22nd December 2014
Half of British firms are set to expand their workforce in 2015, and permanent jobs are likely to outstrip temporary work a new report has claimed.
The survey conducted by business organisation, the Confederation of British Industry (CBI) and Accenture found that jobs growth is expected in every region of the UK, with Scotland leading the way.
In addition it concluded that job prospects for young people have improved on last year with many firms planning to recruit graduates and apprentices in 2015.
The survey, which covers 323 businesses employing a combined total of more than 1.25m people, however also raised concerns over skills gaps that could prevent some jobs being filled – which it has said is the biggest workforce threat to UK competitiveness. Worries about new regulation damaging job creation in the country’s labour market came a close second.
Additionally, the survey revealed that pay rises are anticipated in 2015, though at a cautious rate, with 43% of firms planning a rise in line with the Retail Price Index (RPI).
But there has been a small increase in the proportion of companies expecting to pay above RPI when compared with the firm’s last survey – 12% in 2014 compared to 7% in 2013. Competitive pressures and weak productivity continue to hold down pay increases – containing labour costs is one of the top three workforce priorities next year.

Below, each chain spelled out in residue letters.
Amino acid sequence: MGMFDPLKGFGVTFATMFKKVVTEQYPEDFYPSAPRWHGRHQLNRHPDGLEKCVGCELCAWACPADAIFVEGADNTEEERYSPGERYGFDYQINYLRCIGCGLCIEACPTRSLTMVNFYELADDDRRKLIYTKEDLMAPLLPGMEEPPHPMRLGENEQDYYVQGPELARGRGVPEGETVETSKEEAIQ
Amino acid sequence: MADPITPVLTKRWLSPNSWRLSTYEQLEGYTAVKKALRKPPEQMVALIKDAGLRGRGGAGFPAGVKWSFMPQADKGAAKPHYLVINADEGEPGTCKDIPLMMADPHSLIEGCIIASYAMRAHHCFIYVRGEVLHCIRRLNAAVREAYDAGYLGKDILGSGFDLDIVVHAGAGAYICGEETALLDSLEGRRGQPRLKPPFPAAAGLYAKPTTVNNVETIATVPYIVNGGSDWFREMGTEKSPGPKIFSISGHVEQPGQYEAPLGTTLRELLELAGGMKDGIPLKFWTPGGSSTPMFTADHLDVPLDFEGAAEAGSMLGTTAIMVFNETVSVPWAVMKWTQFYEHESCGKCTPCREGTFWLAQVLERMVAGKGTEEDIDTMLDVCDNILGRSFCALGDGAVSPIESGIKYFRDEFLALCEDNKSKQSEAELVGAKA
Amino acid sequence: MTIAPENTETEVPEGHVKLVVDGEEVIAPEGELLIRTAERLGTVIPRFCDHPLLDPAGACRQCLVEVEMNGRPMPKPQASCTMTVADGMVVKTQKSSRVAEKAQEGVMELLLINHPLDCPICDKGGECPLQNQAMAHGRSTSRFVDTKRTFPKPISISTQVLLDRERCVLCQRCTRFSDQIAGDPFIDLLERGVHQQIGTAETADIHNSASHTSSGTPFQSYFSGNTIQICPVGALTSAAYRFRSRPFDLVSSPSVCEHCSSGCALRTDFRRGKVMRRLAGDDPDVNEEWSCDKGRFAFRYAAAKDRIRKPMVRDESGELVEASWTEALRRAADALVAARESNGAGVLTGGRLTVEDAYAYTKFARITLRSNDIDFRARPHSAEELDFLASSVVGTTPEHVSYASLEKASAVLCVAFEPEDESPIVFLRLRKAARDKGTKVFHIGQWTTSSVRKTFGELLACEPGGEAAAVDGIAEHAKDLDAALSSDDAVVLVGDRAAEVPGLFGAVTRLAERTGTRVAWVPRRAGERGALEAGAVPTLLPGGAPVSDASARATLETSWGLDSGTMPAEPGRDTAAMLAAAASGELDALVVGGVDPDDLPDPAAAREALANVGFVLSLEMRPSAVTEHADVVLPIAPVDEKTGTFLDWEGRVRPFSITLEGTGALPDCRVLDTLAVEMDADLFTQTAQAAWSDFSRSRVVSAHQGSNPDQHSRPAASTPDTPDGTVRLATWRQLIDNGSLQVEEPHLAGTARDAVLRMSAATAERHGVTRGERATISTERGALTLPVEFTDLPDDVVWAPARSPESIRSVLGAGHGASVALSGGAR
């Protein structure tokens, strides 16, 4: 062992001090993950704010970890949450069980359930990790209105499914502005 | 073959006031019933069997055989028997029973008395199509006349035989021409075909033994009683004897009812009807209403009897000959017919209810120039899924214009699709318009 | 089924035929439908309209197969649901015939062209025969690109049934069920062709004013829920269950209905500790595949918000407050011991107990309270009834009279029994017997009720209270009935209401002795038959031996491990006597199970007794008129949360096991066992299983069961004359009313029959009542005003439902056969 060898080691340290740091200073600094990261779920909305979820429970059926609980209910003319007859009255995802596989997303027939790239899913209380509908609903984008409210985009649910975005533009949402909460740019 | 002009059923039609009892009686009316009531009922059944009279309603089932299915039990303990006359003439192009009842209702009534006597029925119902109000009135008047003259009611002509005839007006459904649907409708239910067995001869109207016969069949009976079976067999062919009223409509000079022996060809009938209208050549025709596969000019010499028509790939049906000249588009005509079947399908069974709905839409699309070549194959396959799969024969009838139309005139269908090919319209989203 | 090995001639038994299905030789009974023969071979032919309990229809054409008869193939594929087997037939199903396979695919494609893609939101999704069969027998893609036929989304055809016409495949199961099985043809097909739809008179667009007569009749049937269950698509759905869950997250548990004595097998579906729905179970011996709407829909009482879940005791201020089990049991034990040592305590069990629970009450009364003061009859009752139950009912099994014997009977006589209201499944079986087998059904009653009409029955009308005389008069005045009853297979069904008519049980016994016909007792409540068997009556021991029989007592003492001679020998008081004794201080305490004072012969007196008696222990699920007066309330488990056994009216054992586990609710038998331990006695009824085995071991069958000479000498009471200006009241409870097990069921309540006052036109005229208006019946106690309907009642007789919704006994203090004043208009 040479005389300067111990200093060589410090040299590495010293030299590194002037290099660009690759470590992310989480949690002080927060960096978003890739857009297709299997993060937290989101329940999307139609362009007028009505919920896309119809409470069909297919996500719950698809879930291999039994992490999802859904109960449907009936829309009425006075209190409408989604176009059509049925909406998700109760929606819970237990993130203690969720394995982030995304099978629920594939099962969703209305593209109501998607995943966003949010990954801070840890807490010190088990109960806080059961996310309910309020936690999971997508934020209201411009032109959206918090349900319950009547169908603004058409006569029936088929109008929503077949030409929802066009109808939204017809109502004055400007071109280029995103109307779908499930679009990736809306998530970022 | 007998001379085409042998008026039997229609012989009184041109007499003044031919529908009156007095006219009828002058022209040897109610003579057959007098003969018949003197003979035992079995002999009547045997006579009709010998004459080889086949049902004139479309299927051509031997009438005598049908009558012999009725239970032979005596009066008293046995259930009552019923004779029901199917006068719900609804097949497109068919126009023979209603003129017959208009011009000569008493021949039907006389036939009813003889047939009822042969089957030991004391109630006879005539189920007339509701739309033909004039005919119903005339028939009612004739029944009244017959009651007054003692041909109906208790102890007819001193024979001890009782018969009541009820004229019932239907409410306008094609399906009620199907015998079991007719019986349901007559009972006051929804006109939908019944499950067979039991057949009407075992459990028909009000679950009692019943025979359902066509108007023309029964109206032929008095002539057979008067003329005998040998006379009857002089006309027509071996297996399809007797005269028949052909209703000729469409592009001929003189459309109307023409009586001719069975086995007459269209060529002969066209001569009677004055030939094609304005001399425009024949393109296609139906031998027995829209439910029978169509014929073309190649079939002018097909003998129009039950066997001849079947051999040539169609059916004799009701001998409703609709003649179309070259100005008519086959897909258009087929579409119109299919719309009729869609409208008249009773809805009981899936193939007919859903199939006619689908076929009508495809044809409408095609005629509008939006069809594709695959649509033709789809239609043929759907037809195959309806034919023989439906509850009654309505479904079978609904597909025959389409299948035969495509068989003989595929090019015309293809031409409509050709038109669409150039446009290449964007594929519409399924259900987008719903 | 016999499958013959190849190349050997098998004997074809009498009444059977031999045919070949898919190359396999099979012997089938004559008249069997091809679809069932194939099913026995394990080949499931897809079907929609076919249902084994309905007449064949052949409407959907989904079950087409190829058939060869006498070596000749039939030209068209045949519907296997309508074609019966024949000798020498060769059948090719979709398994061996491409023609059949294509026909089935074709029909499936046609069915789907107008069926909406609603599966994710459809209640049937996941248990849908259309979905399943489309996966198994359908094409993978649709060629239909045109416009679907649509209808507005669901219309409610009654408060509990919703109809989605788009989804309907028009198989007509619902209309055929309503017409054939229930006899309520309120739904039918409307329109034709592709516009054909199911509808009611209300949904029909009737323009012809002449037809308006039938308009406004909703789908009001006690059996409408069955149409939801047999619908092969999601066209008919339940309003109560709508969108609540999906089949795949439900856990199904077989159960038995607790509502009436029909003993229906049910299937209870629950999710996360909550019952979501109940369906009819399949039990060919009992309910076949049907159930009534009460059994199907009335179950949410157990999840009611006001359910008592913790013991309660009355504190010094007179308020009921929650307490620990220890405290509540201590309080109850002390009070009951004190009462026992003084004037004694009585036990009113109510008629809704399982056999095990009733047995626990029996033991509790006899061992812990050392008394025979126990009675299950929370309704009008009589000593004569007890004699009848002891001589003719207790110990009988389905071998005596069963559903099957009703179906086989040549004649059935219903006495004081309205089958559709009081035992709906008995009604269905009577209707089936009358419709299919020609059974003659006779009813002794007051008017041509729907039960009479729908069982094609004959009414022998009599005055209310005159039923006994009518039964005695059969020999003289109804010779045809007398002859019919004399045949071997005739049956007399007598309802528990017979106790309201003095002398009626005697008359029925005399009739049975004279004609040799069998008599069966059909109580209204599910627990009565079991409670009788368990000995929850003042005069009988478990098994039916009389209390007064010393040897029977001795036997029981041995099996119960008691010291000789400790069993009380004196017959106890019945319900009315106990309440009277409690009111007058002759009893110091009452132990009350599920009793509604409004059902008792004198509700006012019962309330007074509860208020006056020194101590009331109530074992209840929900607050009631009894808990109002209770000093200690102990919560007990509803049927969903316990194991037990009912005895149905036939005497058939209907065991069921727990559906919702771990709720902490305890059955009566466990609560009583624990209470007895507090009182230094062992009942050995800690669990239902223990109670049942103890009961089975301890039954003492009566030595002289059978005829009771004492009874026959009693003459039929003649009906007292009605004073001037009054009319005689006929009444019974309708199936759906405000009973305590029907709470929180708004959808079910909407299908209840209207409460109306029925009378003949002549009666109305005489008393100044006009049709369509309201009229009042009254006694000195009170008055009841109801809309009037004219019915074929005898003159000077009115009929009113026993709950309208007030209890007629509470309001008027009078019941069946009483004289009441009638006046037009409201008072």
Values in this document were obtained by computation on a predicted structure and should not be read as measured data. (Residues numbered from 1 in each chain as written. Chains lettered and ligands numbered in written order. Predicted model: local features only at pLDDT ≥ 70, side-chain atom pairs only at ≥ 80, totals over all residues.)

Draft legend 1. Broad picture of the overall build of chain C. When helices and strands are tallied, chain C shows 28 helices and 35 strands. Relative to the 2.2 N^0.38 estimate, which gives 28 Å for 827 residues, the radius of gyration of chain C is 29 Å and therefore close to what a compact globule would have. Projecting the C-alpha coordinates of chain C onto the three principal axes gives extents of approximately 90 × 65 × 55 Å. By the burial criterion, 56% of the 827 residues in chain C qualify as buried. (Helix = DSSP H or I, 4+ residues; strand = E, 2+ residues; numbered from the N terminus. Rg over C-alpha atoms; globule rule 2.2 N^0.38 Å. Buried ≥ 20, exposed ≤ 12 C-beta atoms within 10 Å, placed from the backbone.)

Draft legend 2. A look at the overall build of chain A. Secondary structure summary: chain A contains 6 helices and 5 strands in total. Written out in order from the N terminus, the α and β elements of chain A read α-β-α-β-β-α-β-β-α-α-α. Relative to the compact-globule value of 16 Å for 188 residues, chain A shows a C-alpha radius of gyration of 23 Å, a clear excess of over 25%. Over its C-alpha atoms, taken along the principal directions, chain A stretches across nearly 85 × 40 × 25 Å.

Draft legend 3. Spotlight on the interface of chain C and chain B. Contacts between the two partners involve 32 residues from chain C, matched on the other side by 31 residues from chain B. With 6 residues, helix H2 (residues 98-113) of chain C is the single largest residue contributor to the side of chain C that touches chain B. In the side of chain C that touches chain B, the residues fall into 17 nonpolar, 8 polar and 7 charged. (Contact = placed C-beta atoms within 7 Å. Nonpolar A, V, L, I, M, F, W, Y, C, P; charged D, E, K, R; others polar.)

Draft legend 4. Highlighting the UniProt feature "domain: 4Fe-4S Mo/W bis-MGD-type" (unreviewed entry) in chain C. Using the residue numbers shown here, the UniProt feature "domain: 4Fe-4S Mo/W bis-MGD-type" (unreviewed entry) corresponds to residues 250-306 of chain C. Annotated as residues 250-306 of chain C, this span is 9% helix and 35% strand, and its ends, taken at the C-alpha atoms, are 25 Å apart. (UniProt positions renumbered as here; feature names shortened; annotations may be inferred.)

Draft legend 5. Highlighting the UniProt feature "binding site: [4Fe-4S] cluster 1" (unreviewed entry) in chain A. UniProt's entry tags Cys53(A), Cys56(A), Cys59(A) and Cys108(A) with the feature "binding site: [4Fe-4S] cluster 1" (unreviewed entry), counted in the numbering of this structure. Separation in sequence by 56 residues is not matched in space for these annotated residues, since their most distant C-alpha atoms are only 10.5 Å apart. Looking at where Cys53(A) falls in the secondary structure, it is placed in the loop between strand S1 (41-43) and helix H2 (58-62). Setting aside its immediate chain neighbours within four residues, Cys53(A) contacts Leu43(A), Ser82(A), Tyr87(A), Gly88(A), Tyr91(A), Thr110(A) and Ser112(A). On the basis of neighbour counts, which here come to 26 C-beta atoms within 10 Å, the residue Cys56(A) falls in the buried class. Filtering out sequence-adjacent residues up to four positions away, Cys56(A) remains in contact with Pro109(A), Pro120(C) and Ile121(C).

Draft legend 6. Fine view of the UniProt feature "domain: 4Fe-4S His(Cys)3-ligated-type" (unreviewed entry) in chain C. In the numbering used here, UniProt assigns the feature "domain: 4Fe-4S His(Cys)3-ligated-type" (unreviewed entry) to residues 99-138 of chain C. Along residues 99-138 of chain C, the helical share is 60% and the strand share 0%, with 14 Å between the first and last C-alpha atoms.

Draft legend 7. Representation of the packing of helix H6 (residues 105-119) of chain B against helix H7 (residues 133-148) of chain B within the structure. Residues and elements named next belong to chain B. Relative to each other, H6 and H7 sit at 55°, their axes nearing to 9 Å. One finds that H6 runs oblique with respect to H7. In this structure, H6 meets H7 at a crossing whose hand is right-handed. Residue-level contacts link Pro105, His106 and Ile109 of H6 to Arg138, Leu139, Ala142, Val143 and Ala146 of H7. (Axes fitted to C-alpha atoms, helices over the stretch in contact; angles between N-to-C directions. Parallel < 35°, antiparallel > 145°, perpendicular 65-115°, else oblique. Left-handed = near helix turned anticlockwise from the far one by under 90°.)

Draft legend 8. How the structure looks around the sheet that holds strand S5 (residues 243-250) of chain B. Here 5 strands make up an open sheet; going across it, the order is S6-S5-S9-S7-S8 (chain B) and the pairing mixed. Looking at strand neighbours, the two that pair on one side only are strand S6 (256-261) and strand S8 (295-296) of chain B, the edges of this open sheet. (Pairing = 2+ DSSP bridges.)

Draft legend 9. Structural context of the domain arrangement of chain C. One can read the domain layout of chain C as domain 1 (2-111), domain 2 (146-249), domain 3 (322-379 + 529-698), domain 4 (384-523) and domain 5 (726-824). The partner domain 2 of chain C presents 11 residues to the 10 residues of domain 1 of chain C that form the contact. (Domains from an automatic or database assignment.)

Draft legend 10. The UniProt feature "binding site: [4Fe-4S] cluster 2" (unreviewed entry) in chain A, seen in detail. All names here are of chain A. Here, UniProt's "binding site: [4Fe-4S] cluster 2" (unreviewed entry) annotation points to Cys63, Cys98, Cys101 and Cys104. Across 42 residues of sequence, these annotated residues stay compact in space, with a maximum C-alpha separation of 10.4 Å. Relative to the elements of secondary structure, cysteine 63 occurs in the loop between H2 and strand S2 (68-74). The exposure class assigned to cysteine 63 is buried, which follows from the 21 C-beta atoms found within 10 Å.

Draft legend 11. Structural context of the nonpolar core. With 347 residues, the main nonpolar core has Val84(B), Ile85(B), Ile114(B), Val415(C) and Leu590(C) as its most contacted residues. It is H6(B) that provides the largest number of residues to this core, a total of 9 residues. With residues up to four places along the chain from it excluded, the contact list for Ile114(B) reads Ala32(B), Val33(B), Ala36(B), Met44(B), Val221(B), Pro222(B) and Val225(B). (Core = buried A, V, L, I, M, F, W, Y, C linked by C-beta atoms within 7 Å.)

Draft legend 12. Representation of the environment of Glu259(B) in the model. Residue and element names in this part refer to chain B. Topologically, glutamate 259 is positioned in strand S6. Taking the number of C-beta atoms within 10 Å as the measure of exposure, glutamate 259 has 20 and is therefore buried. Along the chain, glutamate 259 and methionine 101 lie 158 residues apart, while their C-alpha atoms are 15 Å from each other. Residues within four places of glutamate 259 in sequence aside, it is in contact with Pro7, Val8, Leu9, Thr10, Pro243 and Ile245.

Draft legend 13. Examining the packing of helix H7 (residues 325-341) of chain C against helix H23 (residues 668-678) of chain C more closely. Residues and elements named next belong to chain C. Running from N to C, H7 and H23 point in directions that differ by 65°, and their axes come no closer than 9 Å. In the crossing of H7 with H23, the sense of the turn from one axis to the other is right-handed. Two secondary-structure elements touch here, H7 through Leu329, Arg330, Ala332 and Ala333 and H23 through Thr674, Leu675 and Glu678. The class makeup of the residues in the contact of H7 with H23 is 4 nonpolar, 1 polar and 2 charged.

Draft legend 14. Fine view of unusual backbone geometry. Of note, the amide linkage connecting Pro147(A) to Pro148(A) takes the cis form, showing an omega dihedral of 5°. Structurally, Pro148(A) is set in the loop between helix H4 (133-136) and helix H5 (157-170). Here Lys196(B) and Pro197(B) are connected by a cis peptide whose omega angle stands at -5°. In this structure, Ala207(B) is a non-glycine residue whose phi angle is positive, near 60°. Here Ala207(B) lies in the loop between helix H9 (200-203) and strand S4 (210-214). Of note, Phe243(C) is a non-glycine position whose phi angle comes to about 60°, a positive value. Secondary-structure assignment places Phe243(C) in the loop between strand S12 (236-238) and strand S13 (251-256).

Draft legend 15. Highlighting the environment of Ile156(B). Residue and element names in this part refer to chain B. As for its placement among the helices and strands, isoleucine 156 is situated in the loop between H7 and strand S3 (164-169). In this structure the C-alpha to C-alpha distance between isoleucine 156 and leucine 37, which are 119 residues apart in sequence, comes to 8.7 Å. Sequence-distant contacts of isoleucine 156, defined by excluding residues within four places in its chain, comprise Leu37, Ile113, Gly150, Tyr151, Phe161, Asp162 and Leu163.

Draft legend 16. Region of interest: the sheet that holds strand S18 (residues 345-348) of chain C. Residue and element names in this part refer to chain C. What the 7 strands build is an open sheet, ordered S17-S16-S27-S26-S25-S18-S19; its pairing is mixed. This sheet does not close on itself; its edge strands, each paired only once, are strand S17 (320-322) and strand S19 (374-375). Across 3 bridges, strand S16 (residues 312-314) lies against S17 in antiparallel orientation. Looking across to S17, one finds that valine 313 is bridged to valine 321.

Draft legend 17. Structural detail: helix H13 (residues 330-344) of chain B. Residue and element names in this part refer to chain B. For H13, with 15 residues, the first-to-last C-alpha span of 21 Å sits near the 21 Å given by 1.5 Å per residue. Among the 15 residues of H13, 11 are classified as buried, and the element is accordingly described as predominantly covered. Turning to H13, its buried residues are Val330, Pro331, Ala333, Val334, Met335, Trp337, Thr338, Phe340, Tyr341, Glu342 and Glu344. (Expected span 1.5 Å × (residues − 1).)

Commenting on the analysis Katja Hall, CBI deputy director-general, said: “Businesses are planning to create jobs in every region of the UK next year as the recovery continues, and more and more of those jobs will be permanent. The outlook for young people is also looking brighter as firms look to boost their graduate in-take and expand apprenticeships.
“We want to see everyone enjoy the rewards of the economic recovery. Growth should work for everyone, and skills are the key route to ensuring that this happens through improved productivity and pay.”
However Hall added that it is a concern that the UK’s growing skills gap is now seen as the number one workforce threat to the long-term health of its economy.
She added: “Companies and the Government need to work together to find ways to develop skills within the workforce and help employees move into higher skilled and better paid jobs.
“Those in regular work through the year saw wages rise this year and this trend will continue in 2015. Overall, for those in regular work, wage increases have broadly kept pace with inflation, although those with more broken employment histories have seen little respite.”